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Legislative fix saves farmers tens of thousandsof dollars, protects future of agriculture

Sarpy County farmers gathered with Nebraska Farm Bureau and state dignitaries to celebrate the passage of LB 580—a fix to a property tax issue created when Gretna annexed roughly 3,000 acres of land.

“This bill is a prime example that affected a fairly small group of people but affected them to a really great extent,” said Nebraska Farm Bureau President Mark McHargue.

Sarpy County farmer and Farm Bureau member Tim Lorenz has farmed southeast of Gretna for more than 35 years. Wanting to ensure farming as an option for his children, he brought the issue to the attention of Nebraska Farm Bureau as part of the grassroots process.

“On June 28, my landlord, the Harder Family, called me from Lincoln and said, ‘Tim, we got a problem.’ And I said, ‘Well, I go to the Sarpy County Farm Bureau meetings every month, I’ll mentioned it at the July meeting,’ which we did,” Lorenz said. “I felt this was the long-term answer to work through Farm Bureau. We currently rent farm ground that was affected directly, but my home is about a mile away, which could easily be annexed in the near future by other cities. So, we have skin in the game now and even more so potentially in the future.”

In addition to land he owns, Lorenz rents Sarpy County farmland from James Harder, who saw his tax bill jump from $10,000 to $62,000 with the loss of greenbelt status—a special tax valuation for farmland.

“The assessed valuation was $482,092. But for the next year, the 2023 assessed valuation, which would be paid in 2024, was $2,590,616. So that’s a 532.37% increase in the valuation. We know taxes are important, but when it comes to being 2 1/2 times more than what we can get for rent, that puts us into a money-losing situation that you can’t tolerate,” Harder said.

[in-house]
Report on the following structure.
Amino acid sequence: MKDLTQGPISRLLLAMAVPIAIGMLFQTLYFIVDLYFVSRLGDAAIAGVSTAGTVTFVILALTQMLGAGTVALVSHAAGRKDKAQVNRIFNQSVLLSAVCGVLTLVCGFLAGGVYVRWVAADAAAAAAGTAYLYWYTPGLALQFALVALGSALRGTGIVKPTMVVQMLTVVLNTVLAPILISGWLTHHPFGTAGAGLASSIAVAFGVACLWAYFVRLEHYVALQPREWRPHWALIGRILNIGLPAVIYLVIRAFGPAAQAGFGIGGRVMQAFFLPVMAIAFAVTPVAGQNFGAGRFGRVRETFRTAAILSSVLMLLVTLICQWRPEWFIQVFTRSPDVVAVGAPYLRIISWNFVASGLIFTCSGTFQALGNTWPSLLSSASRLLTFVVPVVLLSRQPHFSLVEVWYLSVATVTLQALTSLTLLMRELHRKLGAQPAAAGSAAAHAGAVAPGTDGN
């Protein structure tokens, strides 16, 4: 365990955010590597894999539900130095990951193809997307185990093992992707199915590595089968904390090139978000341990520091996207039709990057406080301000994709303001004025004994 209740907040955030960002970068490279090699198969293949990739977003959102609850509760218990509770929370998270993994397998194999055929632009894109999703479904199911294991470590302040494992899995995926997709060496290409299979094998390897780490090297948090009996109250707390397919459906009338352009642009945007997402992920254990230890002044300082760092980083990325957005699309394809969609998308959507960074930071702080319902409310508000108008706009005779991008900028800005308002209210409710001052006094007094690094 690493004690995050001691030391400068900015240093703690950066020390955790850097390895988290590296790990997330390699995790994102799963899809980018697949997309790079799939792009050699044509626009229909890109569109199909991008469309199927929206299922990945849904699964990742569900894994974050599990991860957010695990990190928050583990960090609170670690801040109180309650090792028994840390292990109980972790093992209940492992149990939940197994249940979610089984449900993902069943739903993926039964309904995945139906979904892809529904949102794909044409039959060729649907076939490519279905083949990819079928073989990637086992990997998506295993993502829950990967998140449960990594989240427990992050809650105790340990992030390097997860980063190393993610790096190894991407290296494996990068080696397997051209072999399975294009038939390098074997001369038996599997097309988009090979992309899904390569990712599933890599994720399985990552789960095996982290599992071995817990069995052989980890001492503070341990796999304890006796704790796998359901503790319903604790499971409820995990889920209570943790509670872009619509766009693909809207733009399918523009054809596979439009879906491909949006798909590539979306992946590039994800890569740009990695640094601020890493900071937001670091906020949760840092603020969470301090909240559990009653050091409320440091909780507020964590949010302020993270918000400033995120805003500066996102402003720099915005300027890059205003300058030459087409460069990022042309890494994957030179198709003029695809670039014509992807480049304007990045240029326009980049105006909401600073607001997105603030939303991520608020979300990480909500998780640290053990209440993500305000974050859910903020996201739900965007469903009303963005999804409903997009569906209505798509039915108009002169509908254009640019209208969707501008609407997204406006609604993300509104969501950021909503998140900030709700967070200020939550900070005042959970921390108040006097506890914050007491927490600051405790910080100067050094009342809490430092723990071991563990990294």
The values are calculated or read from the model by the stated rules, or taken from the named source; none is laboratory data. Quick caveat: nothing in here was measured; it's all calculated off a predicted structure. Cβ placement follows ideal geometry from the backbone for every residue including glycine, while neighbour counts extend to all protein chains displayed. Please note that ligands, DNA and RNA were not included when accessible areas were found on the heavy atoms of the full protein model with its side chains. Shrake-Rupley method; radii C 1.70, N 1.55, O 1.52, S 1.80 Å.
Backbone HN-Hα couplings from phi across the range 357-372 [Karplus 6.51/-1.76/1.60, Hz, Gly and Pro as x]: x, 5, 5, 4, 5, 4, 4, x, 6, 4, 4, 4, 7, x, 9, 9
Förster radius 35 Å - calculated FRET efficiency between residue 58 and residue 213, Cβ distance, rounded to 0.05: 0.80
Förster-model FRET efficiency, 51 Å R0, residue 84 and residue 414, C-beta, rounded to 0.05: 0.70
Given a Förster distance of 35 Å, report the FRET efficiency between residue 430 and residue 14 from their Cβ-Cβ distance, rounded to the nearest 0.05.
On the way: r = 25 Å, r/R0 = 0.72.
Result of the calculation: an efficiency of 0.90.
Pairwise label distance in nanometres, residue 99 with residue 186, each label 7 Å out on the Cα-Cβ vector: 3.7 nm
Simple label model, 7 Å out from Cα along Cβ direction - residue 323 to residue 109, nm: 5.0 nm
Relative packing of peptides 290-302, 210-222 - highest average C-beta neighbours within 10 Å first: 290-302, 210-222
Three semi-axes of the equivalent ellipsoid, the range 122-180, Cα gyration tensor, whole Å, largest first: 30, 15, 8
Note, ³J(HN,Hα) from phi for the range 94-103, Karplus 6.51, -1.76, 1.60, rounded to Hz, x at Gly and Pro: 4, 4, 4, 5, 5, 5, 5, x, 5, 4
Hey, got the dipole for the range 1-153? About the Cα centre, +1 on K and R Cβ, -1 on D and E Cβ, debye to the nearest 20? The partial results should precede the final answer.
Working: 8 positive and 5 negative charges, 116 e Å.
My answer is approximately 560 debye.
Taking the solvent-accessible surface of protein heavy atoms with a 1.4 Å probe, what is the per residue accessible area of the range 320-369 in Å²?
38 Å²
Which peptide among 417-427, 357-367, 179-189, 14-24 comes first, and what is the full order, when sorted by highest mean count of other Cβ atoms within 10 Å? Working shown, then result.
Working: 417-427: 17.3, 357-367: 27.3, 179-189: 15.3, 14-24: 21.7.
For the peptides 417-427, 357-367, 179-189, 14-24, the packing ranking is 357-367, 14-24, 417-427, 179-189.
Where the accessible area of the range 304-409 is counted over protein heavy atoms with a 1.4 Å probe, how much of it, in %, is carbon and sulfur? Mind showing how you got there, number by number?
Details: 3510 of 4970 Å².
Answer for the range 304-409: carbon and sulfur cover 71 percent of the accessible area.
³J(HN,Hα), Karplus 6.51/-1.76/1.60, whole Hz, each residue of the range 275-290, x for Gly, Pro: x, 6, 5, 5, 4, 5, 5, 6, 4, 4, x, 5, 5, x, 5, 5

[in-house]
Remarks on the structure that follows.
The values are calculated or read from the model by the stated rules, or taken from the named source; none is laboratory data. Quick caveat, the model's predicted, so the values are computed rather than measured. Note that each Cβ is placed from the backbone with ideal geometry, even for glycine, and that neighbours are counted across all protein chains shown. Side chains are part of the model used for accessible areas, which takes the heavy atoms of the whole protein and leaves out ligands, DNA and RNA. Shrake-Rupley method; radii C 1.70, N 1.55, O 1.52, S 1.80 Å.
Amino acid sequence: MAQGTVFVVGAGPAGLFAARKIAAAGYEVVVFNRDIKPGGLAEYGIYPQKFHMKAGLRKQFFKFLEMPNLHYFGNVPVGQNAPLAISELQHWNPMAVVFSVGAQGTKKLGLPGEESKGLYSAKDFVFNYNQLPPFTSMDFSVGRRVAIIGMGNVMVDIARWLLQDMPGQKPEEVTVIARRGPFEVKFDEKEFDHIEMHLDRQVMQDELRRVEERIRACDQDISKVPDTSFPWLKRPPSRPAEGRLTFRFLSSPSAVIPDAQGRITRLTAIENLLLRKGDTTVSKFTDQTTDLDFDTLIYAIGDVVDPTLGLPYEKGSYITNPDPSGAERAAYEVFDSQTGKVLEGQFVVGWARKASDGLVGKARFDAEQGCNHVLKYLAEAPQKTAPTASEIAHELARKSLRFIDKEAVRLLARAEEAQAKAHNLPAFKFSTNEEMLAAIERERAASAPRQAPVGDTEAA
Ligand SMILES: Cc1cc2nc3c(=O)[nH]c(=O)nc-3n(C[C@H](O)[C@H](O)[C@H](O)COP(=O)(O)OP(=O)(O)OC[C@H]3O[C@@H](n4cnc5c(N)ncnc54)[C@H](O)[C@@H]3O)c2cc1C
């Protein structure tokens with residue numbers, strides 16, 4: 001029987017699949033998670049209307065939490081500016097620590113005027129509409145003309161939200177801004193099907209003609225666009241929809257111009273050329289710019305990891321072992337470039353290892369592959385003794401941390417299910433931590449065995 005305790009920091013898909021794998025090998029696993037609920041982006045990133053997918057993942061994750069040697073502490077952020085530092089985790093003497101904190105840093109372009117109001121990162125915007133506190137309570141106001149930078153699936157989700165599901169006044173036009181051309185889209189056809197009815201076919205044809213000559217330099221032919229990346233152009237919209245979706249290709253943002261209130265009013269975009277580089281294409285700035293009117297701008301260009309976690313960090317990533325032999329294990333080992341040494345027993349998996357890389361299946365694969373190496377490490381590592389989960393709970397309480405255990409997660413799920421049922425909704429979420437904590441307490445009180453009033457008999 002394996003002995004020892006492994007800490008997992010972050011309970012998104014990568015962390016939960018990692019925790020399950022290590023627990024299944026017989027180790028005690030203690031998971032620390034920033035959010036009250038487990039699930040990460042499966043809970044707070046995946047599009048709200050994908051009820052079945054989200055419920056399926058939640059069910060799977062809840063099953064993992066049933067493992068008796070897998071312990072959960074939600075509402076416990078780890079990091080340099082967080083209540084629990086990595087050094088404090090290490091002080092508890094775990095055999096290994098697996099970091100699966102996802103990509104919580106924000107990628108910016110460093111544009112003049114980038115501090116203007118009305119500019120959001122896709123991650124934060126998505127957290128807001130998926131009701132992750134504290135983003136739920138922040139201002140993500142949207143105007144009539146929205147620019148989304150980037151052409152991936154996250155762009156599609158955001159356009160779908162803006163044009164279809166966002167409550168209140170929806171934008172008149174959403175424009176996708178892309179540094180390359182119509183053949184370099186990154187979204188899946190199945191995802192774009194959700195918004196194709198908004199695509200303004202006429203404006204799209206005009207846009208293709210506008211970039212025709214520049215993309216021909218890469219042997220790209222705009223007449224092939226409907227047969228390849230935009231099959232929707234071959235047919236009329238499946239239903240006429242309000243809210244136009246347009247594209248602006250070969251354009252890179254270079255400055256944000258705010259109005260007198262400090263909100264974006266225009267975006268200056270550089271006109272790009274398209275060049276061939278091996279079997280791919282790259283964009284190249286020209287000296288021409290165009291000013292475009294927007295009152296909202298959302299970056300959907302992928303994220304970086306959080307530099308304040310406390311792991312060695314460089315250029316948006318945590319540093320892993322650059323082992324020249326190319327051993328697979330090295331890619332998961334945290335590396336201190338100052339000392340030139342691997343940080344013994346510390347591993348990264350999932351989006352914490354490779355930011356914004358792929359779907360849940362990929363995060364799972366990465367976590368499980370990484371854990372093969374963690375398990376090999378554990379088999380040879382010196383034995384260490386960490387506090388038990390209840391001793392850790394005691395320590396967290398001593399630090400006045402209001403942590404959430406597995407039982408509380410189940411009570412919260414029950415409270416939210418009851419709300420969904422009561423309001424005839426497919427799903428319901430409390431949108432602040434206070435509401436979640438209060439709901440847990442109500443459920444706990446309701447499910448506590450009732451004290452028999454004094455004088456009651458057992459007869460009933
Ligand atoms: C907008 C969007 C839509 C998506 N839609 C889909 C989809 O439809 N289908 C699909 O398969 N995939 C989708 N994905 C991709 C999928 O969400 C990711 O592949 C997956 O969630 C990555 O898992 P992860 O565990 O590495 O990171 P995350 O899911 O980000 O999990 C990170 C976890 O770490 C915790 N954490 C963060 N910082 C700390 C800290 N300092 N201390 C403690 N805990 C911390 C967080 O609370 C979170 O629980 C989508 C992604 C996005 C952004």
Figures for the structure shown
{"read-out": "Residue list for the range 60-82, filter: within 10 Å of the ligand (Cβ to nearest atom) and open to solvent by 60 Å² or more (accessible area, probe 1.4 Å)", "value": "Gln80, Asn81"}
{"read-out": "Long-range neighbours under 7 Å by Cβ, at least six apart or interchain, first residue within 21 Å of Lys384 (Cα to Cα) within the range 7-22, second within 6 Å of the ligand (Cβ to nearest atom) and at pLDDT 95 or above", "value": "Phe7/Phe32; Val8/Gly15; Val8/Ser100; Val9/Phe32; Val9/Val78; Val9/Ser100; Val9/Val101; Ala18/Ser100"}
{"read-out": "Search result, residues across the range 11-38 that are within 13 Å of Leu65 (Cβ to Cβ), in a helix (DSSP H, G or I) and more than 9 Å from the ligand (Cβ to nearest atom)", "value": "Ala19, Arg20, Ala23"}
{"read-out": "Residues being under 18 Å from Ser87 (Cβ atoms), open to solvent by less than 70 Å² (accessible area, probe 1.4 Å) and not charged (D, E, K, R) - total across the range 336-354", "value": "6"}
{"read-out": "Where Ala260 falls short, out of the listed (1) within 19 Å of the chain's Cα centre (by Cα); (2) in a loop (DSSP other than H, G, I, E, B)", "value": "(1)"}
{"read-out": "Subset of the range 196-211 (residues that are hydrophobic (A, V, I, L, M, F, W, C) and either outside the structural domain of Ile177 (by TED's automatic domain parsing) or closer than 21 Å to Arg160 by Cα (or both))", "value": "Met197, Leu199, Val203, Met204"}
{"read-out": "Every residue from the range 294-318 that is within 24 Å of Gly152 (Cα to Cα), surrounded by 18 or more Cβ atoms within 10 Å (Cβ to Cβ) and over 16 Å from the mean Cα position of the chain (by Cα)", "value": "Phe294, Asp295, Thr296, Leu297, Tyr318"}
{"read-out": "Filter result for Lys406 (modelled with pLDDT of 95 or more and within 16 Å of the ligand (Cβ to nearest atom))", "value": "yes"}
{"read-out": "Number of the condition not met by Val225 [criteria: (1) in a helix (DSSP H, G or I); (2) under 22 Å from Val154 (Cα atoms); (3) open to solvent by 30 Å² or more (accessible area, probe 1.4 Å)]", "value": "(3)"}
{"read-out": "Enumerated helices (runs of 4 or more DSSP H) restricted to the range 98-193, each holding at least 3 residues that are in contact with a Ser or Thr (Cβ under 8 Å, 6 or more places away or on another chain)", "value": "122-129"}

Bellevue Sen. Rick Holdcroft, along with several other senators, introduced LB 580, which allows land that is continually farmed to retain its valuation as agricultural or horticultural land until such time as the land is commercially developed.

“I was not aware of the issue until Tim Lorenz brought it to my attention. But the issue was back in 2017, we had Gretna annex about 3,000 acres of land for future growth and 880 acres of it was farmland. And because of the way the statues were written, that land was no longer eligible for the special taxation for agricultural land. We put together a bill, with the help of Farm Bureau, and brought it forward. State senators thought the bill was the right thing to do, and so we were able to get it across the finish line. It really was a team effort,” said Holdcroft.

While this issue was brought forward from Sarpy County Farm Bureau, the effects of LB 580 will benefit all farmers and ranchers across the state who are near growing cities and towns. Nebraska Farm Bureau hosted an event at Vala’s Pumpkin Patch to celebrate this crucial win. Tim Vala was another farmer involved in crafting LB 580. He would have been deeply affected by the loss of the greenbelt status.

“Farm Bureau got things done in a hurry. Tim Vala, my son, and Jim Harder met in Lincoln the first week in January. As soon as we got in the parking lot, Tim said, ‘We can never get this done by ourselves.’ So, yeah, Farm Bureau opens doors, It’s amazing. We got it done in less than one year,” Lorenz said.

For Holdcroft, LB 580 was not a rural versus urban issue, but rather an opportunity to support farmers and ranchers now and in the future with the ability to stay on their land and do what they love.

“It makes me feel really good, it’s a tremendous accomplishment. You really feel like you’re making a difference in people’s lives. You know, that’s kind of why I ran for office. It’s all about service, service to people. I hope to continue to be able to do that,” Holdcroft said.

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